She’s had years of practice. She knows exactly which fork to use when. Even better, she knows what kind of food she likes and recognizes good cooking and good service. Old Warsaw’s menu is full of dishes prepared à deux, and Anna, the family’s Caesar salad connoisseur, orders one to precede the shared chateaubriand. The waiter prepares it properly, tableside, separating the eggs, swirling the anchovies and Worcestershire in a wooden bowl, and presenting the salad on chilled plates. “Good, but not as good as Sevy’s,” says our critic after one bite. Still, the lady scrapes the last of the dressing off with her third roll, her school cafeteria manners breaking through the evening’s polite veneer.

She doesn’t care for the palate-cleansing sorbet (“I hate ice cream with fruit”) and forgoes the flaming cherries jubilee for a white chocolate soufflé. When the violinists approach, Anna requests—what else?—the theme from Titanic and sings along softly, swaying in her chair.

She is astonished when they present her with a long-stemmed rose as she leaves but, ever the helpful critic, comments, “They should make sure they get all the thorns off,” after one pricks her hand. The Old Warsaw, 2610 Maple Ave. 214-528-0032.

Parents Night Out

Monday evenings at the Quadrangle’s Dream Cafe, which owner Mary O’Brien has dubbed Lollipopalooza, are part of the regular weekly schedule for many families, along with soccer practice, piano lessons, and Malcolm in the Middle. Yes, Monday is a school night—often, it’s the hardest school night of all. No matter how many Sundays you think you’re sufficiently psyched up for the work week, Monday hits hard every time. What a relief to know that the end of the day offers a respite.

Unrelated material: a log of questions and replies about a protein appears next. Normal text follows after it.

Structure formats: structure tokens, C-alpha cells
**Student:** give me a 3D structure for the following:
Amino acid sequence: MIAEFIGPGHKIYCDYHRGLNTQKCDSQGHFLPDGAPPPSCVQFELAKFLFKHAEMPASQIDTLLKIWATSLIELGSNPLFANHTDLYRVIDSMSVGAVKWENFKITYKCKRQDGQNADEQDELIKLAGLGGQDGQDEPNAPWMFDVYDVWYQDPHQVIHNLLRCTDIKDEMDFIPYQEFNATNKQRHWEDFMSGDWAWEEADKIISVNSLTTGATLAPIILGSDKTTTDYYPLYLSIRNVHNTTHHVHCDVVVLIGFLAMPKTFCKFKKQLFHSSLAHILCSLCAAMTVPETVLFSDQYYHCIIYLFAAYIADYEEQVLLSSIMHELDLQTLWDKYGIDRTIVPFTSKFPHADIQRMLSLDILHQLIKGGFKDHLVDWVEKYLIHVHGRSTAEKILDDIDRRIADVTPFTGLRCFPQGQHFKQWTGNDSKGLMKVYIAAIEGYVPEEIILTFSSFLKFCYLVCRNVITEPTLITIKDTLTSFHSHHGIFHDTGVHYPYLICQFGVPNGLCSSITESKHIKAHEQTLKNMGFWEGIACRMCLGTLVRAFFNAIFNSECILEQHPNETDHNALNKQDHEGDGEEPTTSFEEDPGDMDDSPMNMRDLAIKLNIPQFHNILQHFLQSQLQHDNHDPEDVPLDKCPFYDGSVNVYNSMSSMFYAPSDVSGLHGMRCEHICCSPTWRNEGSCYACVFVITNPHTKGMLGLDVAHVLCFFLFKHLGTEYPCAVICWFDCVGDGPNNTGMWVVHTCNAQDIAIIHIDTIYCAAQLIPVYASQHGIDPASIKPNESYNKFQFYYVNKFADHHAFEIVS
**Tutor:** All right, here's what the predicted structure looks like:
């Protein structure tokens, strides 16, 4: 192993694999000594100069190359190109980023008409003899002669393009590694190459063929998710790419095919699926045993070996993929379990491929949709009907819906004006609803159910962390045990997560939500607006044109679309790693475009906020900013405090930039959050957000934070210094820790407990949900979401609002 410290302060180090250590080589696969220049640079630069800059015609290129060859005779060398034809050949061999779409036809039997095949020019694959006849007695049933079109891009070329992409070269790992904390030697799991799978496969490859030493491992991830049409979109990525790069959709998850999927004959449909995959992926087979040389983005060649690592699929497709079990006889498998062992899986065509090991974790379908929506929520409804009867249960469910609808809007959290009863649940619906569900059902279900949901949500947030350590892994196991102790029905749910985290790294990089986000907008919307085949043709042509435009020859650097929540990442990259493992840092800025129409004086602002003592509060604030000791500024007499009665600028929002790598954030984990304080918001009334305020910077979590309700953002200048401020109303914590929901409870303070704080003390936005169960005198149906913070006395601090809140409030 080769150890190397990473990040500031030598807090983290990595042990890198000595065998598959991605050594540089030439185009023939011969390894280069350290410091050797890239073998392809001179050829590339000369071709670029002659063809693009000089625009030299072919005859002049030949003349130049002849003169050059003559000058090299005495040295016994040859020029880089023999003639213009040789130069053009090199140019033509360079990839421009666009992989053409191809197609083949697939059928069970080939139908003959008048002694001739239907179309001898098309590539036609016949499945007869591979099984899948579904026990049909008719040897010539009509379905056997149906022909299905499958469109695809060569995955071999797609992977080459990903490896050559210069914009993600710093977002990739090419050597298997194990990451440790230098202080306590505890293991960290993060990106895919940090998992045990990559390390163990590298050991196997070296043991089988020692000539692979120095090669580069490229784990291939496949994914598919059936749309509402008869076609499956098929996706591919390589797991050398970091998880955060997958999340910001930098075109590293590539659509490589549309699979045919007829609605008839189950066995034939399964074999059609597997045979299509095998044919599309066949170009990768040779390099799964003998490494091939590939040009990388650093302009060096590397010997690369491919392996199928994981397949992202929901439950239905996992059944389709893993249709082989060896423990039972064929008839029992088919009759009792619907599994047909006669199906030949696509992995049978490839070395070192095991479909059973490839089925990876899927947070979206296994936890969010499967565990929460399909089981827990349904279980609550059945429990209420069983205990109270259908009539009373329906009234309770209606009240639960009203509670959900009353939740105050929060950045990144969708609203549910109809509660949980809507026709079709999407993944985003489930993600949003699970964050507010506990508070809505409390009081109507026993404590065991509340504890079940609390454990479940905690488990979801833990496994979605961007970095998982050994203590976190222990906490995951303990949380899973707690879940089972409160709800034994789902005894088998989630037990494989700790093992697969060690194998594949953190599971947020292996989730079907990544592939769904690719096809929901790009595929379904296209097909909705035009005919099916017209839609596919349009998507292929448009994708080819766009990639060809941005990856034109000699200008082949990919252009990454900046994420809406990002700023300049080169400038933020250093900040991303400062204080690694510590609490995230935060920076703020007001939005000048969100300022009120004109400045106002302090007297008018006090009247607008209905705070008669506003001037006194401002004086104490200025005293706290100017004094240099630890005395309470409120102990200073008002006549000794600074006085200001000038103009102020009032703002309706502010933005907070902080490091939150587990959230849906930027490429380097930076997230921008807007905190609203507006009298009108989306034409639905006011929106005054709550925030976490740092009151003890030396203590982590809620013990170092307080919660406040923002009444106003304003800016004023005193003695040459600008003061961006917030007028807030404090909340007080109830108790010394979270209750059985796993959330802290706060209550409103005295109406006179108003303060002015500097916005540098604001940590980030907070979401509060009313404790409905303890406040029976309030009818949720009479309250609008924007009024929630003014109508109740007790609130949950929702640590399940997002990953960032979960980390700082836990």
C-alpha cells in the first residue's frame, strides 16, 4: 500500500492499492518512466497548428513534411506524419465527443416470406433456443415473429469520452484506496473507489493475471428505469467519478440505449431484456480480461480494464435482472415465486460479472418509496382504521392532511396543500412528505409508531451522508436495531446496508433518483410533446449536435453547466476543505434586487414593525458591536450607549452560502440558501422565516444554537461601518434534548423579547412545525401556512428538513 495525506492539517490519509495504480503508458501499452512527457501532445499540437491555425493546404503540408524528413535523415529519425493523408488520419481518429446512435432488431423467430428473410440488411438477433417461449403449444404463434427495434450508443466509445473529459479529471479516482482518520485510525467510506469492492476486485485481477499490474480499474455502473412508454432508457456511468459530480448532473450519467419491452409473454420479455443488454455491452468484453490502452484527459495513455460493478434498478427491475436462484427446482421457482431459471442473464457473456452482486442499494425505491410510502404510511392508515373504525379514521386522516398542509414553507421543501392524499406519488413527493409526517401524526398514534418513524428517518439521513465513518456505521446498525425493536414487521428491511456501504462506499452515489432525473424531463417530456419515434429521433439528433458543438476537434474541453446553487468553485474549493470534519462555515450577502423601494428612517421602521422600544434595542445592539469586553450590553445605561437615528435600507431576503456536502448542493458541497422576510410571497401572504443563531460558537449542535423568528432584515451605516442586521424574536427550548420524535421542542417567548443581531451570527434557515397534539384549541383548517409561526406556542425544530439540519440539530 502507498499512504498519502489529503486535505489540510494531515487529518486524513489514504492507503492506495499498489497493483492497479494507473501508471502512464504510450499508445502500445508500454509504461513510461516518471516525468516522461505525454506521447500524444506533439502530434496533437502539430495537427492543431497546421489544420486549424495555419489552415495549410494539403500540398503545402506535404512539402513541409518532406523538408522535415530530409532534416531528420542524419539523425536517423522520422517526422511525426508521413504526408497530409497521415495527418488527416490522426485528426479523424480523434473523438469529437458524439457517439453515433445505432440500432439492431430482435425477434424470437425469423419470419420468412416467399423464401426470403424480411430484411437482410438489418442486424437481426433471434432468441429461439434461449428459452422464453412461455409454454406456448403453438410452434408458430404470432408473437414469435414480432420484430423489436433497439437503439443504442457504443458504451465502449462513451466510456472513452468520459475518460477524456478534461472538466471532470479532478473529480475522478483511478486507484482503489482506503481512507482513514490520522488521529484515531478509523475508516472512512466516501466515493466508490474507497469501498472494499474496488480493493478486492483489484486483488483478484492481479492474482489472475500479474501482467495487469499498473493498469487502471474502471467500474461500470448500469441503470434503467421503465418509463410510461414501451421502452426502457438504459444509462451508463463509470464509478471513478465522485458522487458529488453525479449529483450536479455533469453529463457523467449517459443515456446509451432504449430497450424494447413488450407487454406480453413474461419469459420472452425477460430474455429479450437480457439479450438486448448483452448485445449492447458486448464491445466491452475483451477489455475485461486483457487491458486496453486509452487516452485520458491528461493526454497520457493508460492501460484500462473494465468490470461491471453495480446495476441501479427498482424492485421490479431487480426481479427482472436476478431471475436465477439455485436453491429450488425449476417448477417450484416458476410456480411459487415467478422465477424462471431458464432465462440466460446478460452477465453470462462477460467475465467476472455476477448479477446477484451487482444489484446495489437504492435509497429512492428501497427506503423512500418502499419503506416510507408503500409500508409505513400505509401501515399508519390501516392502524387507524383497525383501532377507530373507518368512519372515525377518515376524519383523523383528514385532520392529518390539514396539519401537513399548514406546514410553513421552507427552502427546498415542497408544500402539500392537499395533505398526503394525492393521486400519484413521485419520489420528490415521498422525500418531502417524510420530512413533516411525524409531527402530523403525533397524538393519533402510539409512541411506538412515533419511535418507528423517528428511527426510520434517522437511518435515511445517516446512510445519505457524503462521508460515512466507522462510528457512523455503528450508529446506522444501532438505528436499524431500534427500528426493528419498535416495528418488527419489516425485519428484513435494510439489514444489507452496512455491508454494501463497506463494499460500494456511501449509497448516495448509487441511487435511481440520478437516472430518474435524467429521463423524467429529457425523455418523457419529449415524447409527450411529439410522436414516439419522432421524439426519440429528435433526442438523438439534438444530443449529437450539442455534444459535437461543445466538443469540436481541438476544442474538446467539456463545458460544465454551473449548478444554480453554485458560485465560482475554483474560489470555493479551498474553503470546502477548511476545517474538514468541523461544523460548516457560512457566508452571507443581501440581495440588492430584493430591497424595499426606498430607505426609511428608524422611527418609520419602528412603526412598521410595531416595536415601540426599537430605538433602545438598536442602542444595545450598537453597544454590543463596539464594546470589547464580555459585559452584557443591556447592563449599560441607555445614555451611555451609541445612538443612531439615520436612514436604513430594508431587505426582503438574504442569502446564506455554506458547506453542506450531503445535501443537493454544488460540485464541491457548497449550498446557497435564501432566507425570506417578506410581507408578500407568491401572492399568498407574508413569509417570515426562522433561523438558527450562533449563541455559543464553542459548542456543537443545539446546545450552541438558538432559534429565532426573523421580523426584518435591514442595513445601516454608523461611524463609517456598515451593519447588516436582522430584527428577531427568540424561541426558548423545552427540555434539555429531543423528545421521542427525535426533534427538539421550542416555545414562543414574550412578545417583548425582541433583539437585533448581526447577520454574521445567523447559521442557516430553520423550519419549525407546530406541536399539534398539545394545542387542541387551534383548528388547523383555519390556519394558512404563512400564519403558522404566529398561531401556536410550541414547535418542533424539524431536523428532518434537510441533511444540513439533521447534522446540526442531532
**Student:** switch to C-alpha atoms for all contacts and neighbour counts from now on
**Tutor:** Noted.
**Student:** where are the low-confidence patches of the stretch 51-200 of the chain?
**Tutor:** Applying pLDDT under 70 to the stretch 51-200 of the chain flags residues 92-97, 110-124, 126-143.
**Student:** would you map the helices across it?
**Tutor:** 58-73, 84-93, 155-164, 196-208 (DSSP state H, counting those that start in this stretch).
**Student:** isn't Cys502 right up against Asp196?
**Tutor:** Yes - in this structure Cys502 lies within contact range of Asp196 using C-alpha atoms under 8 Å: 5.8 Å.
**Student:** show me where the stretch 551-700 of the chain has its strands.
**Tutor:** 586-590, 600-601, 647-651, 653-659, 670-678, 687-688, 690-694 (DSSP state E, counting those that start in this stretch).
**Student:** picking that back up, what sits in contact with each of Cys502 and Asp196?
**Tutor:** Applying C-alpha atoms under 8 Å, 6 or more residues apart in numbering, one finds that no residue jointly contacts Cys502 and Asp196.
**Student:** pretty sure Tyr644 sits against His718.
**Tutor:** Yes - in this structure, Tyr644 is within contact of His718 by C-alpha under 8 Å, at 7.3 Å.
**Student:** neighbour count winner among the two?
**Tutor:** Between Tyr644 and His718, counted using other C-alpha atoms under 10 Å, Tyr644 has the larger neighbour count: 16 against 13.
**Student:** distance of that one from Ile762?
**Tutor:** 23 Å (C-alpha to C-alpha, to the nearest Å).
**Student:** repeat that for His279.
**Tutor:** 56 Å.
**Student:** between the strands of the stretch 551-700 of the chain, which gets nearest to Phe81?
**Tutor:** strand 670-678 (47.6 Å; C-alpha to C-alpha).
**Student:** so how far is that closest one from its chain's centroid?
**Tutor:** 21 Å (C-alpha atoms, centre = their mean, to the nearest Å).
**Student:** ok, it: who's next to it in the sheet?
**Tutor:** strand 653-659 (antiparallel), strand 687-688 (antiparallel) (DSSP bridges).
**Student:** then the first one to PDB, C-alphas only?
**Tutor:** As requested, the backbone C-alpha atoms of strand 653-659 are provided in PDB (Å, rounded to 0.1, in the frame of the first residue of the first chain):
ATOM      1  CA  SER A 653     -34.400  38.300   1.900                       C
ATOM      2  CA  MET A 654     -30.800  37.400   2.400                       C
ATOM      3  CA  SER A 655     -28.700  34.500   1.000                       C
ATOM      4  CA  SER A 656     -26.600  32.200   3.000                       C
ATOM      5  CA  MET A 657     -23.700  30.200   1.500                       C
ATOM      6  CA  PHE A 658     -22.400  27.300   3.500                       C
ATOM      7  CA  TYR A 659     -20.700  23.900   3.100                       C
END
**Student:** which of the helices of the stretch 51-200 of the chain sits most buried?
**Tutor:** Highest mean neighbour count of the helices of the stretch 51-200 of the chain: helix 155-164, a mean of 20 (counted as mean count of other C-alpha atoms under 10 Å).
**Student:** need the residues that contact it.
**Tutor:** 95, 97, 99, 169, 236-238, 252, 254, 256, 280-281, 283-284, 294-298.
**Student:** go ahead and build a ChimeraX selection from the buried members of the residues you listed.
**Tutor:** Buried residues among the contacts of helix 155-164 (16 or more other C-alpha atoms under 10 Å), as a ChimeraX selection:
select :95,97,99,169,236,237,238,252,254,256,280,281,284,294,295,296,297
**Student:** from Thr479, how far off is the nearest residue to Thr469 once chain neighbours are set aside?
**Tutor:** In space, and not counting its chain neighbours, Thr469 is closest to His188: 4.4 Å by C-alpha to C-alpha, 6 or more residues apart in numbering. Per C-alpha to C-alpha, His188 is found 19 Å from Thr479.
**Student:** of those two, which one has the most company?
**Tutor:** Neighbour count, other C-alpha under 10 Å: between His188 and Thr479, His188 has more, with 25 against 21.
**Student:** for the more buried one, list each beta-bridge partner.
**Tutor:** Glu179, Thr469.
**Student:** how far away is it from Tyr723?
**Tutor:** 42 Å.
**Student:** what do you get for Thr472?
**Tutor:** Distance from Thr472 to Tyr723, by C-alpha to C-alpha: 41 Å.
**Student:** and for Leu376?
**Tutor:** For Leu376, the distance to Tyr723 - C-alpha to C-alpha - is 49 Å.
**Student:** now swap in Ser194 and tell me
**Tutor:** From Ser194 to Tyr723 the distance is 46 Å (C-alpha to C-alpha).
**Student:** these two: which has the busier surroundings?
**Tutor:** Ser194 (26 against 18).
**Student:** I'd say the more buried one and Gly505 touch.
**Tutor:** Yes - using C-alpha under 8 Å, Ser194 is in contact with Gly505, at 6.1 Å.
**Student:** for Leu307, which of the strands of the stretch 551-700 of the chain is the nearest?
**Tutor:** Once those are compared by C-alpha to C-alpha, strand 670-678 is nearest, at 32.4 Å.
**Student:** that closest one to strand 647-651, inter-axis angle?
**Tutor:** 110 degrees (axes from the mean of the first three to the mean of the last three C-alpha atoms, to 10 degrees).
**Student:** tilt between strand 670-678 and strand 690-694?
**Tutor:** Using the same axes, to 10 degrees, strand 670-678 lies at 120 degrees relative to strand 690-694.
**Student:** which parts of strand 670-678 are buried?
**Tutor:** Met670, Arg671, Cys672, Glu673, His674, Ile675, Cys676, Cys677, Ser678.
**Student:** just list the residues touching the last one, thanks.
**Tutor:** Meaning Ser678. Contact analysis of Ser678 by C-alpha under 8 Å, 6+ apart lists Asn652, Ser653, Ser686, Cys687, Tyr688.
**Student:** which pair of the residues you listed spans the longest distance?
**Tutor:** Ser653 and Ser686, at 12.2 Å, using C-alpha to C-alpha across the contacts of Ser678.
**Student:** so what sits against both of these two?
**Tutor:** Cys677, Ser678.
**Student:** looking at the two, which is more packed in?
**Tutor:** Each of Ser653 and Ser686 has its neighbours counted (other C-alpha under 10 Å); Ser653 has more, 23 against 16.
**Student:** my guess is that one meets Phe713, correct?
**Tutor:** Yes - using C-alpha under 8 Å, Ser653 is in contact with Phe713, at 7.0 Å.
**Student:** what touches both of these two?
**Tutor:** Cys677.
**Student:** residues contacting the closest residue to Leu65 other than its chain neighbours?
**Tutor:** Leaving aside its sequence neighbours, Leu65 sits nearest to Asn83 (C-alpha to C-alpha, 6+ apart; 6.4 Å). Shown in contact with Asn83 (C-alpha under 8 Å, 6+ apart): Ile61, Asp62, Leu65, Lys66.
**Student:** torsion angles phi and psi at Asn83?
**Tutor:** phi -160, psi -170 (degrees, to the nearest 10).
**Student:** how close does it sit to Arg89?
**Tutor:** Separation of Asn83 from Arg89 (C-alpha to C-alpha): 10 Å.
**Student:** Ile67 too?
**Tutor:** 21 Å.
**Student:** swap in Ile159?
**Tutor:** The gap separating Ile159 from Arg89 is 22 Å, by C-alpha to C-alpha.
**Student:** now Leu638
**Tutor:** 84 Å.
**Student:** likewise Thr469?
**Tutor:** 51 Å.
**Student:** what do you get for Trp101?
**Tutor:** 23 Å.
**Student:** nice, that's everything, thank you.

The food at Dream tends toward wholesome—so there’s no parental guilt—and fun. The kids’ menu lists butterfly noodles, little pizzas, broccoli, and big ranch fries. The vegetarian sausage and burgers are excellent, pastas are inventive, there is always a special salmon, and the wine list is good.

So while parents sit sipping wine at their patio table by the fountain, the kids come and go, meeting other regulars on what has become for many a weekly play date. The easygoing service, which can be irritating at the Dream Cafe’s legendary breakfasts, accommodates families comfortably and is unfazed by a certain amount of kid-induced confusion. Dream Cafe, The Quadrangle, 2800 Routh St. 214-954-0486.

Where Kids Can Be Kids

Food doesn’t make eating out difficult for kids—sitting still does. So it’s no surprise that Magic Time Machine is the longest-running show on the Addison strip. Kids here are actually encouraged to wander around the restaurant and even to be rude without reproach.

All the servers at Magic Time Machine are dressed in costumes (from Tarzan to Catwoman), the tables are disguised as teepees and school buses, and every meal is a party. Grownups can get a decent thick slice of Eve’s rib (created “as it was in the beginning,” the menu jests) cooked to a perfect medium rare. Kids can choose from chopped steak or fried shrimp for $5.99 or barbeque ribs or chicken Alfredo for $7.99. But the biggest hit with the littlest kids are the bubbly Magic Time Machine potions colored red, yellow, green, or ugly and served with a cool mist spilling over the glass. Just watch out for the dry ice at the bottom.

But here’s the great touch: the kids’ menus are also autograph books. So after ordering, the kids disappear to gather autographs from the various characters while the adults sit back and enjoy, say, a glass of Zinfandel. From a bottle with a cork. Magic Time Machine, 5003 Belt Line Rd., Addison. 972-980-1903.

Mary Malouf, former executive editor of D Magazine, has written about the Dallas restaurant scene for more than 15 years.